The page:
February 17, 2011

Robert Spielman,Tax & Business Partner, Quoted in The Wall Street Journal Article – Second Homes May Be Costly at Tax Time

The Wall Street Journal

By Craig Karmin

Featured Robert Spielman, Partner, Tax & Business

Robert Spielman,Tax & Business Partner, Quoted in The Wall Street Journal Article – Second Homes May Be Costly at Tax Time


With New York state buckling under severe financial stress, Albany is finding new ways to boost revenue through court decisions and new requirements on tax filings.

Starting with the 2010 returns, the state Taxation Department will require state residents who own second homes in New York City to report the number of days they spend in the city. Tax accountants expect this new reporting requirement to produce more audits for people commuting from the Westchester and Long Island suburbs and result in more taxes paid to New York City.

Who Owes More

If you meet all these conditions, New York state wants to tax all your income, no matter where you earn it:

  • You live outside of New York state.
  • You spend more than 183 days a year in New York.
  • You own a home in New York that the state deems a permanent residence, or suitable for year-around use regardless of how many days you use it.

Source: Tax consultants, state tax law

The number of days spent in New York City can have significant tax implications. If city homeowners whose primary residences are elsewhere in New York state spend more than 183 days a year in the city, they must pay New York City income tax. Those who are in the city 183 days or fewer, aren’t subject to any New York City income tax.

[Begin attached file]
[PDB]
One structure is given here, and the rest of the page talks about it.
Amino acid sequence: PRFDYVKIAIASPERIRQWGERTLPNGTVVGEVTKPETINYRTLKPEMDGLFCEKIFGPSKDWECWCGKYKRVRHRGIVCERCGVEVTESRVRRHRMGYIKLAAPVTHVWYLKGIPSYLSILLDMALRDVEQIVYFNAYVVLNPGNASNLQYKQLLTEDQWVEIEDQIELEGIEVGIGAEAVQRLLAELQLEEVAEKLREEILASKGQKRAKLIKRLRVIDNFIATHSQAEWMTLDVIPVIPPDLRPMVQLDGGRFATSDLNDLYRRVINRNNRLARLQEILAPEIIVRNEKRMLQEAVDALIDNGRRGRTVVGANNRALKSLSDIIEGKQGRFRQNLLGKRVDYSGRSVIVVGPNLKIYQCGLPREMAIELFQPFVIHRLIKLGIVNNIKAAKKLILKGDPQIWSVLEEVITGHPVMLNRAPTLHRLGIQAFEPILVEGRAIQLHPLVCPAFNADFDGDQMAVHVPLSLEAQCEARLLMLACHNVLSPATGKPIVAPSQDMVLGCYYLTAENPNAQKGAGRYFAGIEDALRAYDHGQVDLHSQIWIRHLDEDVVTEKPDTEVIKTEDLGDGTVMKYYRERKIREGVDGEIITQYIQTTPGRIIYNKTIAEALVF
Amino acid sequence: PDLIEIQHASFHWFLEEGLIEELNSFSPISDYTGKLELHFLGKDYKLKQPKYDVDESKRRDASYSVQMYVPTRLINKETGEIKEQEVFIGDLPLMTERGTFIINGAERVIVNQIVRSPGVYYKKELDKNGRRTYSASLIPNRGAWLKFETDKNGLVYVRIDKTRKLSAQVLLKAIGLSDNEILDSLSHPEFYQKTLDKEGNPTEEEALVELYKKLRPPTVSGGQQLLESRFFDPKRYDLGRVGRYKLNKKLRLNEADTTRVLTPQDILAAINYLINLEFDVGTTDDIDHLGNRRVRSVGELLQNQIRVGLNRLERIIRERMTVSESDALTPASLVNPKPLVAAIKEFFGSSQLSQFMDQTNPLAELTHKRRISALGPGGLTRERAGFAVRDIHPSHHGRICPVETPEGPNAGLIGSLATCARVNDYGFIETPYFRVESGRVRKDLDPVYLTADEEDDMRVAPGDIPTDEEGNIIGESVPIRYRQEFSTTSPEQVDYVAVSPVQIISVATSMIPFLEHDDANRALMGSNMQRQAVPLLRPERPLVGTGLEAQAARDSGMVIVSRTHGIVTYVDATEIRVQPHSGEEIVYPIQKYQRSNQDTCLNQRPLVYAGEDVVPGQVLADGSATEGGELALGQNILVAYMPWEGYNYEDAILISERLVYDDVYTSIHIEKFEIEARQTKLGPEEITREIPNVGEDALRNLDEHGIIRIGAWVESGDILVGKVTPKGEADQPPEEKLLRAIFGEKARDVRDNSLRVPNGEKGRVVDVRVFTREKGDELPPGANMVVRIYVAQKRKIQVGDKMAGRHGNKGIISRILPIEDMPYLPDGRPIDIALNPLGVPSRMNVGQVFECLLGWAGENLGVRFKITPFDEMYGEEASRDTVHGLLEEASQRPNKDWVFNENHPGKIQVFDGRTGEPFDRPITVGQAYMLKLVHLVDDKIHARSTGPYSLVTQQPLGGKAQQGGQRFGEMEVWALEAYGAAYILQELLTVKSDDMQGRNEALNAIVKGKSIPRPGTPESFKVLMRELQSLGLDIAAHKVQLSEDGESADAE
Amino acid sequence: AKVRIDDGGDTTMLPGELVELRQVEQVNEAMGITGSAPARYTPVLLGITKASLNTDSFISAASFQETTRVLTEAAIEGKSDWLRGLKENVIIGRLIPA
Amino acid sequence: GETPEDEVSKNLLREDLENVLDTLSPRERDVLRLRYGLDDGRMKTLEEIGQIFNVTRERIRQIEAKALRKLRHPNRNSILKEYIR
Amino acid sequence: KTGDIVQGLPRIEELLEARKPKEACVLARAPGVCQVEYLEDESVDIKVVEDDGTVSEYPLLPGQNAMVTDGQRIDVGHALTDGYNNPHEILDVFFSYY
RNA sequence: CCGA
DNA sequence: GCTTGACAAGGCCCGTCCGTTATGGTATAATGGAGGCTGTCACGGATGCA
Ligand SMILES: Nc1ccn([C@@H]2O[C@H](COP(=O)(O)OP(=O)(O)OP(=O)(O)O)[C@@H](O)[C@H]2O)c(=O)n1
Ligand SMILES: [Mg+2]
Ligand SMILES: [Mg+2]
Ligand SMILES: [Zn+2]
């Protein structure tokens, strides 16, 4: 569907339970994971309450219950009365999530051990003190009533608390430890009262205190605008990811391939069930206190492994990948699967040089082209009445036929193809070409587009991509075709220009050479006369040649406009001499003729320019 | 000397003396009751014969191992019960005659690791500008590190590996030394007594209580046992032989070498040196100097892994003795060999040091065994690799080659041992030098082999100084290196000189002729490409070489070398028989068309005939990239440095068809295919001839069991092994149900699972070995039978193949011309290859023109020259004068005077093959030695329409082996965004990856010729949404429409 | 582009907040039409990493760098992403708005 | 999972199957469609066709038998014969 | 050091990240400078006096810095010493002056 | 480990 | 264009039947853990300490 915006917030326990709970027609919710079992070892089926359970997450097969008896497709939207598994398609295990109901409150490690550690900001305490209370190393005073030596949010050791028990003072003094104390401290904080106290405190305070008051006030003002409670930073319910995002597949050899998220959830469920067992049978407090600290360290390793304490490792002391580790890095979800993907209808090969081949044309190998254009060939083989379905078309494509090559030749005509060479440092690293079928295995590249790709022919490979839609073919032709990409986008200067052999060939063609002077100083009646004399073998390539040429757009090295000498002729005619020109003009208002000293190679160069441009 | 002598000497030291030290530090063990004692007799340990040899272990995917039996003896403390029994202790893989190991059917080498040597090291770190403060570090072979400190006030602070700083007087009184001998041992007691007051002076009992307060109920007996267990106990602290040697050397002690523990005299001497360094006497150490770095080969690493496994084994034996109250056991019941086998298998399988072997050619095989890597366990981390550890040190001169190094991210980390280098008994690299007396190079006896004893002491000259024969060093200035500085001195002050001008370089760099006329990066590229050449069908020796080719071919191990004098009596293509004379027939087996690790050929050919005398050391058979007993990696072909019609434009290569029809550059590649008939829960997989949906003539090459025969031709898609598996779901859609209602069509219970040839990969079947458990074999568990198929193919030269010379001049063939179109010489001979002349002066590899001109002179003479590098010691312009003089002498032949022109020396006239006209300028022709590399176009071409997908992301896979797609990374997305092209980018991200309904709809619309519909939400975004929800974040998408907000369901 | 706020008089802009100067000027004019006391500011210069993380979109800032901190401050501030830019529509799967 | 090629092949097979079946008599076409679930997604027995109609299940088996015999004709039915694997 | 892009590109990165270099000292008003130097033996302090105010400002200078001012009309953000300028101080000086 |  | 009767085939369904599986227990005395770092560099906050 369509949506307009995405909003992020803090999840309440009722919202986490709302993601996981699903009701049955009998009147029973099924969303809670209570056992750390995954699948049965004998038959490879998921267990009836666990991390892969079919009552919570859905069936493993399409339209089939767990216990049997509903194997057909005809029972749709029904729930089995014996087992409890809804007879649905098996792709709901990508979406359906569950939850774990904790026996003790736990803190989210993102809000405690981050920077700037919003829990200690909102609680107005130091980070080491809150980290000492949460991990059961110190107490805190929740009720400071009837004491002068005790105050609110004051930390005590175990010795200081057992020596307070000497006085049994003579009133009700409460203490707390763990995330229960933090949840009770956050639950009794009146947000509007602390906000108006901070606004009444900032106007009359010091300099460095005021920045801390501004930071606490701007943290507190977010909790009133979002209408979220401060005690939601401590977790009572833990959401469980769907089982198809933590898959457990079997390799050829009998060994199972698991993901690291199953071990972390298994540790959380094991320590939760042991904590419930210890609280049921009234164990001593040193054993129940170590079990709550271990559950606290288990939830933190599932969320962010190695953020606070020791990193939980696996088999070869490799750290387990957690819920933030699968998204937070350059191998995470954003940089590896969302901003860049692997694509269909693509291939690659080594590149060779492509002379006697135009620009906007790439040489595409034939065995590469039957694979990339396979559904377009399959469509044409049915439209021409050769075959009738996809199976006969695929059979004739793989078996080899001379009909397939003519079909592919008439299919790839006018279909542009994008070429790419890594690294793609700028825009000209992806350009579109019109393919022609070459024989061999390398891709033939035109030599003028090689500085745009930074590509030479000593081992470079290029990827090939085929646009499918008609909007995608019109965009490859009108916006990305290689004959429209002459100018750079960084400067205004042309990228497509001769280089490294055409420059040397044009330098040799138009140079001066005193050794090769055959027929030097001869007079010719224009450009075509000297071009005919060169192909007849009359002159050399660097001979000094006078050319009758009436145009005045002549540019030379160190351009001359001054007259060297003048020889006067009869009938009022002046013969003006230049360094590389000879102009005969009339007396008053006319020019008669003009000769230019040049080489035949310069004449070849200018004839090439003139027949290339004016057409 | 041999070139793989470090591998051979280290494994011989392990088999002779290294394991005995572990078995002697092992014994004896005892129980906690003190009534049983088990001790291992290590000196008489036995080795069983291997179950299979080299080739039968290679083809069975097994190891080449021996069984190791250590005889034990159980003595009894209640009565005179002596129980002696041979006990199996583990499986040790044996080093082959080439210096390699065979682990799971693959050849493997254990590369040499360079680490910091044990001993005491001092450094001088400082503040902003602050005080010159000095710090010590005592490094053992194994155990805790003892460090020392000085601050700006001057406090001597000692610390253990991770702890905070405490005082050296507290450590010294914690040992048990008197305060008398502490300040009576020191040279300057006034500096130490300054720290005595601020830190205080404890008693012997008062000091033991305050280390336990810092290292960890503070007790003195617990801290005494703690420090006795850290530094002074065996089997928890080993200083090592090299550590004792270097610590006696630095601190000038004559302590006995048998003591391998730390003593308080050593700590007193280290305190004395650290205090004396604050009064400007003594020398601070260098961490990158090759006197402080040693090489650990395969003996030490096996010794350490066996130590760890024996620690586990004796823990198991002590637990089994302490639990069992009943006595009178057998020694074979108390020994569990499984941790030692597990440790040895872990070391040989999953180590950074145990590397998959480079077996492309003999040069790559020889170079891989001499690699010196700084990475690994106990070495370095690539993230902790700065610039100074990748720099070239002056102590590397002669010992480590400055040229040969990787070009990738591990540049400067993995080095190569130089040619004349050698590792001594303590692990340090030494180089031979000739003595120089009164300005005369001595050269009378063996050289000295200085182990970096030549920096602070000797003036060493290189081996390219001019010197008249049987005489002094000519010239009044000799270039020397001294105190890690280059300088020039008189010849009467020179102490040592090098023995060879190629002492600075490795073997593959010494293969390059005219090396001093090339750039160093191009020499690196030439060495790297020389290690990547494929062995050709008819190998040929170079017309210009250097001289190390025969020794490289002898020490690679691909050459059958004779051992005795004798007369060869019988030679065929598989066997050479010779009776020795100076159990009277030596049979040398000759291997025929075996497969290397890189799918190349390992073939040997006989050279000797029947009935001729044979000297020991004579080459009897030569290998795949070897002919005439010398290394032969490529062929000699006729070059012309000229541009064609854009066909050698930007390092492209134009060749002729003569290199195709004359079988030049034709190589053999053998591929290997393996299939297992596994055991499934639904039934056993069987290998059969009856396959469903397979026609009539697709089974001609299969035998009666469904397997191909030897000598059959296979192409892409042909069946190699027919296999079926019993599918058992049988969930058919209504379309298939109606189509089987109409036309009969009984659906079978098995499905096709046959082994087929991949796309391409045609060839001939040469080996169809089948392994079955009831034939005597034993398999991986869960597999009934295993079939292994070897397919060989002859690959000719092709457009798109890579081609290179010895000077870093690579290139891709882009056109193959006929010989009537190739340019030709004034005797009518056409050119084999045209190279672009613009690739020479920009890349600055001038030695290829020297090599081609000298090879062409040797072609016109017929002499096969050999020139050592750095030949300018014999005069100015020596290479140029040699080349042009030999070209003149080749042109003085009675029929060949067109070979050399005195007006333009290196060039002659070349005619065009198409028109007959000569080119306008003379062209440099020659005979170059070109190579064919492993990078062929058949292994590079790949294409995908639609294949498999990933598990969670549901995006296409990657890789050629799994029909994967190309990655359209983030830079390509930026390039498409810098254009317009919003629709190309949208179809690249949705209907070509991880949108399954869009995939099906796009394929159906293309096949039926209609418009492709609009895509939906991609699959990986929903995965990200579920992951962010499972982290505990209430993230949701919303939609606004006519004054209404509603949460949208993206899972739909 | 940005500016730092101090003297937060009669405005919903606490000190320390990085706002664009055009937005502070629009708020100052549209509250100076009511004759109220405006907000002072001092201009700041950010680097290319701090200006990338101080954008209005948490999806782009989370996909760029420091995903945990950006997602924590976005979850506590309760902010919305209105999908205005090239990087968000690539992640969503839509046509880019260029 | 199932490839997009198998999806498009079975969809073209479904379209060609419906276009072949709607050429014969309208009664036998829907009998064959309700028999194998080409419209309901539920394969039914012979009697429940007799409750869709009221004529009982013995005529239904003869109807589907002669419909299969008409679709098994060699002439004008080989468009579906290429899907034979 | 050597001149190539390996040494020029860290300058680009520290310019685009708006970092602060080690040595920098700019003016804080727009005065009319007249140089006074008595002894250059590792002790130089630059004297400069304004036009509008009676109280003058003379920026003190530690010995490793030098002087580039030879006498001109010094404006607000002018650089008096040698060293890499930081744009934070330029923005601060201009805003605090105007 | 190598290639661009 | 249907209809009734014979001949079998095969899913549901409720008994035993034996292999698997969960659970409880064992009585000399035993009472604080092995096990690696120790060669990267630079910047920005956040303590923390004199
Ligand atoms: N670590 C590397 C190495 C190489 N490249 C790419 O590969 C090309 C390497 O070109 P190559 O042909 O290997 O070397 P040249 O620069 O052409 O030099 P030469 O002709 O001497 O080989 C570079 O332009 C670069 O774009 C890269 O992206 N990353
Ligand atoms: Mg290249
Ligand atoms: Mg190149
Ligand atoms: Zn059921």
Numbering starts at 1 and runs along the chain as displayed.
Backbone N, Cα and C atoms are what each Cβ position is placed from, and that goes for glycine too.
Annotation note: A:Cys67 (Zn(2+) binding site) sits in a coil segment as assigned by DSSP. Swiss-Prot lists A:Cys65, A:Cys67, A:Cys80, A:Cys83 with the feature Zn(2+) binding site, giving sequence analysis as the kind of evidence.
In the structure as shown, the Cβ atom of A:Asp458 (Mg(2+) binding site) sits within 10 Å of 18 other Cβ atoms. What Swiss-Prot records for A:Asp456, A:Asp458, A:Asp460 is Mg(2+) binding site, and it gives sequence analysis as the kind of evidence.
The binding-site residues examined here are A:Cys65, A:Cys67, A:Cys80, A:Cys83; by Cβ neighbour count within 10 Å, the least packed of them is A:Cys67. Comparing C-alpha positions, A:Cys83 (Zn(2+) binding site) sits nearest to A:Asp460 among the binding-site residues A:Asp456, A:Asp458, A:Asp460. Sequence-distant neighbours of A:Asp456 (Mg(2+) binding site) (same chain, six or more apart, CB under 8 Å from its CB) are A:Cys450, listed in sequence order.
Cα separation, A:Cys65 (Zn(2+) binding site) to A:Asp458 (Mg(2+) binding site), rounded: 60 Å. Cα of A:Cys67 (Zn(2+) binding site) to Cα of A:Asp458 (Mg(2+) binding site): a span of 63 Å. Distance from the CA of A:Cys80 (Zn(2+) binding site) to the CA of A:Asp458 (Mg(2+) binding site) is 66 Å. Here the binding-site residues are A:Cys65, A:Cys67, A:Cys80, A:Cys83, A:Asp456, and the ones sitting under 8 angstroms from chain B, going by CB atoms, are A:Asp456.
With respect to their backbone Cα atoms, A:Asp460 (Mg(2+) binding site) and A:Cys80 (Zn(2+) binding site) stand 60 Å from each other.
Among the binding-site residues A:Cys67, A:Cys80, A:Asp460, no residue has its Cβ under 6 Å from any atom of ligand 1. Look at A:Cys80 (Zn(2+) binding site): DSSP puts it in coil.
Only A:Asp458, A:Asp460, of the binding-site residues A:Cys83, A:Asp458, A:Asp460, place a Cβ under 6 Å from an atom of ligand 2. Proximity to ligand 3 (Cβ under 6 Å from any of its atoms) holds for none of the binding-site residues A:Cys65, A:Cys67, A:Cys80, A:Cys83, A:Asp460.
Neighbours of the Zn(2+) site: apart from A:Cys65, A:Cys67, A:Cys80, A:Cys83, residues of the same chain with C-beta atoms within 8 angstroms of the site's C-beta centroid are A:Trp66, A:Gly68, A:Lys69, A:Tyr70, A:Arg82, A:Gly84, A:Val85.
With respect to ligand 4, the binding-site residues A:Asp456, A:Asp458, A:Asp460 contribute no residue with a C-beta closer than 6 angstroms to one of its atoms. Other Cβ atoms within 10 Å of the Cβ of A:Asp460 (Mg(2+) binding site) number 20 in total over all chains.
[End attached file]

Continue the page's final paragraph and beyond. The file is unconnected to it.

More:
Before the new disclosure requirement, New York taxpayers were required only to say whether they maintained living quarters in the city. Now they have to specify how many days they spend here.

A spokesman for the state Taxation Department said the change to the tax form was to ensure that people “who maintain living quarters in New York City are paying the proper tax.” New York City tax is calculated and paid on New York state tax returns. Some accountants predict that New York residents with Manhattan pied–à–terres who report a number close to 183 days face a high probability of an audit.

“This new requirement will be a like a red flag waved at auditors,” says Robert Spielman, a certified public accountant in Melville, N.Y.

New York state residents who own a property in the city but have a primary residence elsewhere will have to document their whereabouts if audited. That could mean producing credit-card receipts, telephone records, airline tickets, or ATM receipts indicating they were not in the city for the necessary number of days.

The new requirement marks the latest potential headache for people who own second homes in New York. Last month, a New York tax appeals tribunal affirmed a decision that a New Canaan, Conn., resident who worked in Manhattan and owned a Long Island home, owed an additional $1 million to New York for the period of 2002 to 2004.

The amount reflected taxes on income the resident, John Barker, and his wife earned outside of New York, plus interest and penalties. Mr. Barker already was paying New York state taxes on income he was earning in the state.

Accountants say the case will likely raise the issue with many out-of-state residents who might not have realized their second home could make them subject to additional taxes if they spend more than 183 days in New York.

“We had clients who heard about the ruling and all of sudden put on the brakes,” says Judi Desiderio, a broker at Town & Country, a real-estate agency that focuses on the East End of Long Island. “They’re saying, ‘This is why I’ll be a renter, not a buyer.'”

The tax tribunal ruled that the New York home of the Connecticut couple qualified as a permanent residence because it was suitable for year-round use, even though Mr. Barker and his wife stayed there only a few times a year.

Philip London, a New York City accountant, says the Barkers would have improved their case if they rented out the house for more than a month because they “would not have had use of the abode for the whole year.”

He added, however, that the state could view the practice as a means to avoid tax if a homeowner rents out a summer home on a recurring basis.


Robert  Spielman

Robert Spielman


  • Tax & Business
  • Melville, NY